The receiver unit 530 has, by way of example, four identical receiver members 530A, 530B, 530C, 530D. Advantageously, because of the modular nature, any number of receiver members can be attached together for any number of twisted wire pairs. Each of the receiver members 530A, 530B, 530C, 530D is designed to receive one of the four twisted wire pairs, on one side. Each of the receiver members 530A, 530B, 530C, 530D also receives a pair of IDCs in IDC grooves 534 a-534 h, located on the other side of the receiver units. As a result, the two wires in a member are not shielded from each other but they are shielded from another adjacent pairs. Each of the receiver members 530A, 530B, 530C, 530D is also typically made from a non-conducting injection-molded plastic, such as polycarbonate, ABS, or PVC. The outside of each of the receiver members 530A, 530B, 530C, 530D is shielded with a highly conductive material such as aluminum. Any other highly conductive materials such as gold or silver may be used for the shielding of the receiver unit 530A. The receiver members 530A, 530B, 530C, 530D are attached to each other, for example, by welding, such as by ultrasonic welding or using conductive adhesive bonding.

The contact unit 540, by way of example, contains four identical contact members 540A, 540B, 540C, 540D. Similar to the receiver unit 530 and because of the modular nature, any number of contact members can be attached together relatively easily to accommodate any number of twisted wire pairs. The IDCs of the contact members 540A, 540B, 540C, 540D are designed to mate with each of the IDC grooves 534 a-534 h of the receiver members 530A, 530B, 530C, 530D when assembled. The contact unit 540 mates with a 110-type connecting block. As with the receiver members 530A, 530B, 530C, 530D, the outside of each of the contact members 540A, 540B, 540C, 540D is shielded with a highly conductive material such as aluminum. Any other highly conductive materials such as gold or silver may be used for the shielding of the receiver unit 530A. The contact members 540A, 540B, 540C, 540D are also attached to each other, for example, by welding, such as by ultrasonic welding or using conductive adhesive bonding.

FIGS. 9A, 9B are both sides of a receiver member 530A for the receiver unit 530. FIG. 9A illustrates the side of the receiver member 530A where the contact unit 540 is mated as shown in FIG. 8D. The IDC grooves 534 a-534 b each receive a pair of the IDCs of the contact member 540A. The holes 538 a-538 b each receive a pair of pins (not shown) from the contact member 540A when assembled. FIG. 9B illustrates the side of the receiver member 530A where the individual twisted wire pairs are inserted. Holes 536 a, 536 b each receive one wire from the twisted wire pairs. Upstanding protrusions 538 a, 538 b mate with holes 519 a, 524 a in the base 510 and the cover 520, respectively.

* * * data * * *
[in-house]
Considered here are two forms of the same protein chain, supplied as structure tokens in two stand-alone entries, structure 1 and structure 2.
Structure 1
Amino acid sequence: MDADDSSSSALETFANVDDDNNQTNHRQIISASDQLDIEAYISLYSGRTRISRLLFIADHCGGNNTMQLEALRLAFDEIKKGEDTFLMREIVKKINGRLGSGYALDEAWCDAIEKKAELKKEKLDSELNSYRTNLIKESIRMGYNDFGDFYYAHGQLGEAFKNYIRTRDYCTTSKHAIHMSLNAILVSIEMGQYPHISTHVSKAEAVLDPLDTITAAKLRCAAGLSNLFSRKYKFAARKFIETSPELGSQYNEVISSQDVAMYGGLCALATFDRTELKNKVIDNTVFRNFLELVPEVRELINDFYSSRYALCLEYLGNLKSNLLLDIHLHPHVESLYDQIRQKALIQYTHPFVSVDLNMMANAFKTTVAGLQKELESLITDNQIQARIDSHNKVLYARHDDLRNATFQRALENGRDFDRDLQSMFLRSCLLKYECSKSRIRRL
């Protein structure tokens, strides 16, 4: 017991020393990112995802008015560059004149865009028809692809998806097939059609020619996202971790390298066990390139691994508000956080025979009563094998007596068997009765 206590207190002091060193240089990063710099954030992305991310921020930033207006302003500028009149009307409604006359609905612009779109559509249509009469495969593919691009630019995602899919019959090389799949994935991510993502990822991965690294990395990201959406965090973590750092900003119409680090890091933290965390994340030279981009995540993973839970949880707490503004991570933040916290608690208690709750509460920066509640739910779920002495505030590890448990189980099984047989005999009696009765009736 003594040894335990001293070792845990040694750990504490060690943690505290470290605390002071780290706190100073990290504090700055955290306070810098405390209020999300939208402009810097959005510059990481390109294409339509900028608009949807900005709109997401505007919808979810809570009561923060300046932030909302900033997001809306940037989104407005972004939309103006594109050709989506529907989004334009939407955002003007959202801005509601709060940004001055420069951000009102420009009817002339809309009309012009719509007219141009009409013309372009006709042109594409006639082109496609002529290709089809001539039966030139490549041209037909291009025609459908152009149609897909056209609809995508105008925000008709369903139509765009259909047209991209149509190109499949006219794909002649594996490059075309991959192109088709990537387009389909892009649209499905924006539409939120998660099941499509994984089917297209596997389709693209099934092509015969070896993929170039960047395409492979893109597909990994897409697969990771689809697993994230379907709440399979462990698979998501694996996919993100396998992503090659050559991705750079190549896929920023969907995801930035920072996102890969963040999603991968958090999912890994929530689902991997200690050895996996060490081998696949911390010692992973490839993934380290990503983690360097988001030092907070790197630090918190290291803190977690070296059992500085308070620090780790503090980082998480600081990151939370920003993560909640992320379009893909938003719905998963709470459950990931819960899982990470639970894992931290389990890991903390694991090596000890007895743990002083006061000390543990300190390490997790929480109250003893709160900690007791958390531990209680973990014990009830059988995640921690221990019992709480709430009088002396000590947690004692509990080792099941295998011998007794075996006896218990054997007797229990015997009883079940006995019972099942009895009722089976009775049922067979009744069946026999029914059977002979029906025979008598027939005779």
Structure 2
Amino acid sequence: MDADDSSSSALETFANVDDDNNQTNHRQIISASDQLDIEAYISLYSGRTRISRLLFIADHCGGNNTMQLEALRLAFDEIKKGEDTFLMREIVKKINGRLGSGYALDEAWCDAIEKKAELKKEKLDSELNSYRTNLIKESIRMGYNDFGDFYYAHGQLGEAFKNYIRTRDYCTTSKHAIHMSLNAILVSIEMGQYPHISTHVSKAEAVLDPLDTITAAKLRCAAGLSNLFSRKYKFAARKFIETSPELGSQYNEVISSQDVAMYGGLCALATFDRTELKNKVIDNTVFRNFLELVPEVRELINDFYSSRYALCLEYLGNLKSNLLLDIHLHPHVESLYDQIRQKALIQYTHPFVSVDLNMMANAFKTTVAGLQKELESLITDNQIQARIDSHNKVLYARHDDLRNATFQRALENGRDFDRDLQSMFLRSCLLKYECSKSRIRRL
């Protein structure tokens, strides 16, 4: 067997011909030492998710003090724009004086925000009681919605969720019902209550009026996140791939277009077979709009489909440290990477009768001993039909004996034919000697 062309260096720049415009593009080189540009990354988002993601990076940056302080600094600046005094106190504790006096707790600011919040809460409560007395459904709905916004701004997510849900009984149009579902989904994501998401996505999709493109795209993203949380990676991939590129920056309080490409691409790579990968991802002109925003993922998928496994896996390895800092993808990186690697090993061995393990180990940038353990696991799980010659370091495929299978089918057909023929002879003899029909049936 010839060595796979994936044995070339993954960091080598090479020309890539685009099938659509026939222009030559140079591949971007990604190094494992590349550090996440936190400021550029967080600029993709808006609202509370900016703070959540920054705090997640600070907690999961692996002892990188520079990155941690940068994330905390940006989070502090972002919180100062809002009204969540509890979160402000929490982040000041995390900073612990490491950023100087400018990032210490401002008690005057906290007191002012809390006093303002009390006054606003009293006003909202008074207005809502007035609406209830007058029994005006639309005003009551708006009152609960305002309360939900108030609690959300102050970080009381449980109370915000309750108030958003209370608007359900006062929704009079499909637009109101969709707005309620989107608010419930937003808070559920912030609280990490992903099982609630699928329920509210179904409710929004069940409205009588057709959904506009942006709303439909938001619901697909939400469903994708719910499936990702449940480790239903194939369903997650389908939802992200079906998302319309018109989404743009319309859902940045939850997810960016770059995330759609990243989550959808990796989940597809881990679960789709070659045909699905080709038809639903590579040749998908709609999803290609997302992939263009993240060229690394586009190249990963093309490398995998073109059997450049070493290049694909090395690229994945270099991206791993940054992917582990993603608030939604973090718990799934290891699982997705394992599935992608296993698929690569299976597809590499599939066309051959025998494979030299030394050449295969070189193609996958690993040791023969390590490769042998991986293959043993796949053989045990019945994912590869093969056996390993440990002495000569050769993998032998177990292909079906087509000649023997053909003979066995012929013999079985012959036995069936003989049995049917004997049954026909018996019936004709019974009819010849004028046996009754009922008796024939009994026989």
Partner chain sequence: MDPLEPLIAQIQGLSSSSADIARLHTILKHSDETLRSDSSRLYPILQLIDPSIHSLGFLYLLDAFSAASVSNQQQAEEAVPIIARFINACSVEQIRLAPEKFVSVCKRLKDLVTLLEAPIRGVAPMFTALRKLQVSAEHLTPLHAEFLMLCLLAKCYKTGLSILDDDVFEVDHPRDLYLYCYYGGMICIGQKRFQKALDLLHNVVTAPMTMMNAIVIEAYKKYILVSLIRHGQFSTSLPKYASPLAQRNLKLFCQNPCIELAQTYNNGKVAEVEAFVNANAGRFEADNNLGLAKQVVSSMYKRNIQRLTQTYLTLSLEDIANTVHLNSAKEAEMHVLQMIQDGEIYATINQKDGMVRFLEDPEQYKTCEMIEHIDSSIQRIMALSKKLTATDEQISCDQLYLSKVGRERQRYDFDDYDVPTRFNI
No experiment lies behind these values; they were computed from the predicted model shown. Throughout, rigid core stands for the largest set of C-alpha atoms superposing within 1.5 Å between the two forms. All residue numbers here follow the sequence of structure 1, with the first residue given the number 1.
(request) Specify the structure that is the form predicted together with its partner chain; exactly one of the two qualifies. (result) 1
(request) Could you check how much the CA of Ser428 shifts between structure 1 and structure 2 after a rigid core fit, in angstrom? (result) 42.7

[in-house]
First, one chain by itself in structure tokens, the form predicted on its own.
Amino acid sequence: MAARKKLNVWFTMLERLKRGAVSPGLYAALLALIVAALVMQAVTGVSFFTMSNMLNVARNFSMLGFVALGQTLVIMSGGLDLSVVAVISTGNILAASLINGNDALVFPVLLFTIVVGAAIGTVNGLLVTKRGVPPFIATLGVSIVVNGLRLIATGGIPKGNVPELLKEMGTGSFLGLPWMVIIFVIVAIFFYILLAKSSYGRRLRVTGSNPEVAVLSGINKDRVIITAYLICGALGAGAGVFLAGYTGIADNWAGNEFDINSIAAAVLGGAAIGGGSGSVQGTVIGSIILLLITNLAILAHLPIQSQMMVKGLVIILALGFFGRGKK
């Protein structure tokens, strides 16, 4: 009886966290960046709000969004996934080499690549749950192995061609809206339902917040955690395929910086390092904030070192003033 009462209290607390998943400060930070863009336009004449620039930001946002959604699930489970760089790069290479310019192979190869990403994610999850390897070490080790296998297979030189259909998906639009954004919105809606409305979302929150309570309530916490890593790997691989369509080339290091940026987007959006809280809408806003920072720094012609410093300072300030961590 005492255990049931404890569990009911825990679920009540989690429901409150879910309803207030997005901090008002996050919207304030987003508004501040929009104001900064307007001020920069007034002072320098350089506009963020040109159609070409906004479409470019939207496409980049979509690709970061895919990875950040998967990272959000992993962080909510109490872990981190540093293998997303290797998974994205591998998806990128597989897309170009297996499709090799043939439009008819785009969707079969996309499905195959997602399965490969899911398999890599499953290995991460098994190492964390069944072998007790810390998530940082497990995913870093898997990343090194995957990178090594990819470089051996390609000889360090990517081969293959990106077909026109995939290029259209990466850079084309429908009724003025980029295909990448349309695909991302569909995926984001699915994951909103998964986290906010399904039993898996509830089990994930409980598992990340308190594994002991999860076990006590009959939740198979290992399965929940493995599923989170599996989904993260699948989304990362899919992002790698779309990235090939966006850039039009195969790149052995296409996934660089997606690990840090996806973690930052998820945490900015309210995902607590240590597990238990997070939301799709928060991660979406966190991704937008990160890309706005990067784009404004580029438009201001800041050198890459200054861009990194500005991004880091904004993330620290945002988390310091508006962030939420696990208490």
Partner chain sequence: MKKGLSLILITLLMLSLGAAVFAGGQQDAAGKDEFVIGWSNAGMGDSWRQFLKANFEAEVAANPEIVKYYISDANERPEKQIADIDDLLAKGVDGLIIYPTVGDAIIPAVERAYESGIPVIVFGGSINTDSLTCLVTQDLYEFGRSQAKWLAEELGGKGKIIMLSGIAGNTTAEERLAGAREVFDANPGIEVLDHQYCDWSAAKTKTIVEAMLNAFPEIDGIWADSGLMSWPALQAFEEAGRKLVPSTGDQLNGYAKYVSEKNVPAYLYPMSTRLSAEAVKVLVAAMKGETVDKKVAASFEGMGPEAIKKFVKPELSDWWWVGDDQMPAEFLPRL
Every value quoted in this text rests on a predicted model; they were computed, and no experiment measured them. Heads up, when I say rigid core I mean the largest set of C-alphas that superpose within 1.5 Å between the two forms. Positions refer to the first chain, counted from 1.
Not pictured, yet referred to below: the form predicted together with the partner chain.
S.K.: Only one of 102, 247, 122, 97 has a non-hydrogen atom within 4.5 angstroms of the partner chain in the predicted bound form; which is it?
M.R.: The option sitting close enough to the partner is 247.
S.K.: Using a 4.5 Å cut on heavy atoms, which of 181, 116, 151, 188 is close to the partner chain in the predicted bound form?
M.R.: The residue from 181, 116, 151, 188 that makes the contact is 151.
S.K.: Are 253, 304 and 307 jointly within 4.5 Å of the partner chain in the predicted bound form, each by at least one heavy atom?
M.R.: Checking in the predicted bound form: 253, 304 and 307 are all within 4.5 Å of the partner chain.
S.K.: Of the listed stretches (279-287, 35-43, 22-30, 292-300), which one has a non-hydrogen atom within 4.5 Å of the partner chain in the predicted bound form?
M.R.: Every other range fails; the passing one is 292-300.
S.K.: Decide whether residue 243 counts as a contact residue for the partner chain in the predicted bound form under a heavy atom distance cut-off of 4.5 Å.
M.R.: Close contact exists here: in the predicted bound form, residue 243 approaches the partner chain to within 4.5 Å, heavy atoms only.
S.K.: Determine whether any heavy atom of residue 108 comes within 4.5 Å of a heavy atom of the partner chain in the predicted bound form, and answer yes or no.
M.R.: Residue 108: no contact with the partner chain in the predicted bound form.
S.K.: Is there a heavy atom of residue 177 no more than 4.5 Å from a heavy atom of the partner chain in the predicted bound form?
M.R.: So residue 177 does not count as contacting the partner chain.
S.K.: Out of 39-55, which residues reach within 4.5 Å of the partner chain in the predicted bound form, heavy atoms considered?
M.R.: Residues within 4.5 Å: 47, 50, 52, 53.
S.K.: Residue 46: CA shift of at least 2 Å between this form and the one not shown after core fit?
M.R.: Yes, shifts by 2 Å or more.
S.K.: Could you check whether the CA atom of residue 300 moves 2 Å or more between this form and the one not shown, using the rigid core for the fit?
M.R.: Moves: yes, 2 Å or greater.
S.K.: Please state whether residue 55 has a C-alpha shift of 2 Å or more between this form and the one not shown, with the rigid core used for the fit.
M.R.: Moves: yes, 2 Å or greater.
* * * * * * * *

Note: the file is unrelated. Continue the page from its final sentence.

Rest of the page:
FIGS. 10A-10E show the components of the contact member 540A of the contact unit 540. Contact member 540A comprises a top cover 541, a top contact 544, a bottom contact 548, a contact base 546 and a bottom cover 542. Each of the top contact 544 and bottom contact 548 has IDCs 545, 549, respectively. The contact base 546 also include a couple of pins (not shown) which will be inserted into the holes 538 a-538 b of the receiver unit 530 when assembled. The top cover 541 and bottom cover 542 are made from a highly conductive material such as aluminum. Alternatively, any other conductive materials such as gold or silver are used for the covers 541, 542.

FIG. 11 is a flow chart for assembly of the example modular type connector 500.

A predetermined length of cable 100, as shown in FIG. 1, is uncoiled from a reel and cut (step 610). The cable 100 is prepared by removing the jacket 111 from an end of the cable 100 to expose the twisted wire pairs 120-130, 140-150, 160-170, 180-190 making up the cable 100.

The cable 100 is positioned on the base 510 of the modular type connector 500 (step 620). Without untwisting each of twisted wire, the individual wires are then sequenced according to a predetermined color sequence, and each of the twisted wire pairs is placed in one of the channels 516 a-516 d of the modular type connector 500. As a result, the twist rates of the twisted wire pairs are maintained. Subsequently, the cover 520 for the base 510 affixed to the top of the base 510.

The exposed portion of the twisted wire pairs are then untwisted (step 630).

The untwisted portion of the twisted wire pairs are then inserted into the receiver unit 530. Subsequently, the end of the wires are trimmed and bent down so that each of the wires are inserted into the IDC grooves 534 a-534 h and fixed thereon (step 640). The contact unit 540 is then inserted into the receiver unit 530 by inserting the IDCs and pins of the contact unit 540 into the IDC grooves and holes of the receiver unit 530. (step 650) As a result, the insulation of the individual wires are terminated by the IDCs of the contact unit 540.

FIGS. 12-16 are sequential views of a connector incorporating the invention at various stages of assembly.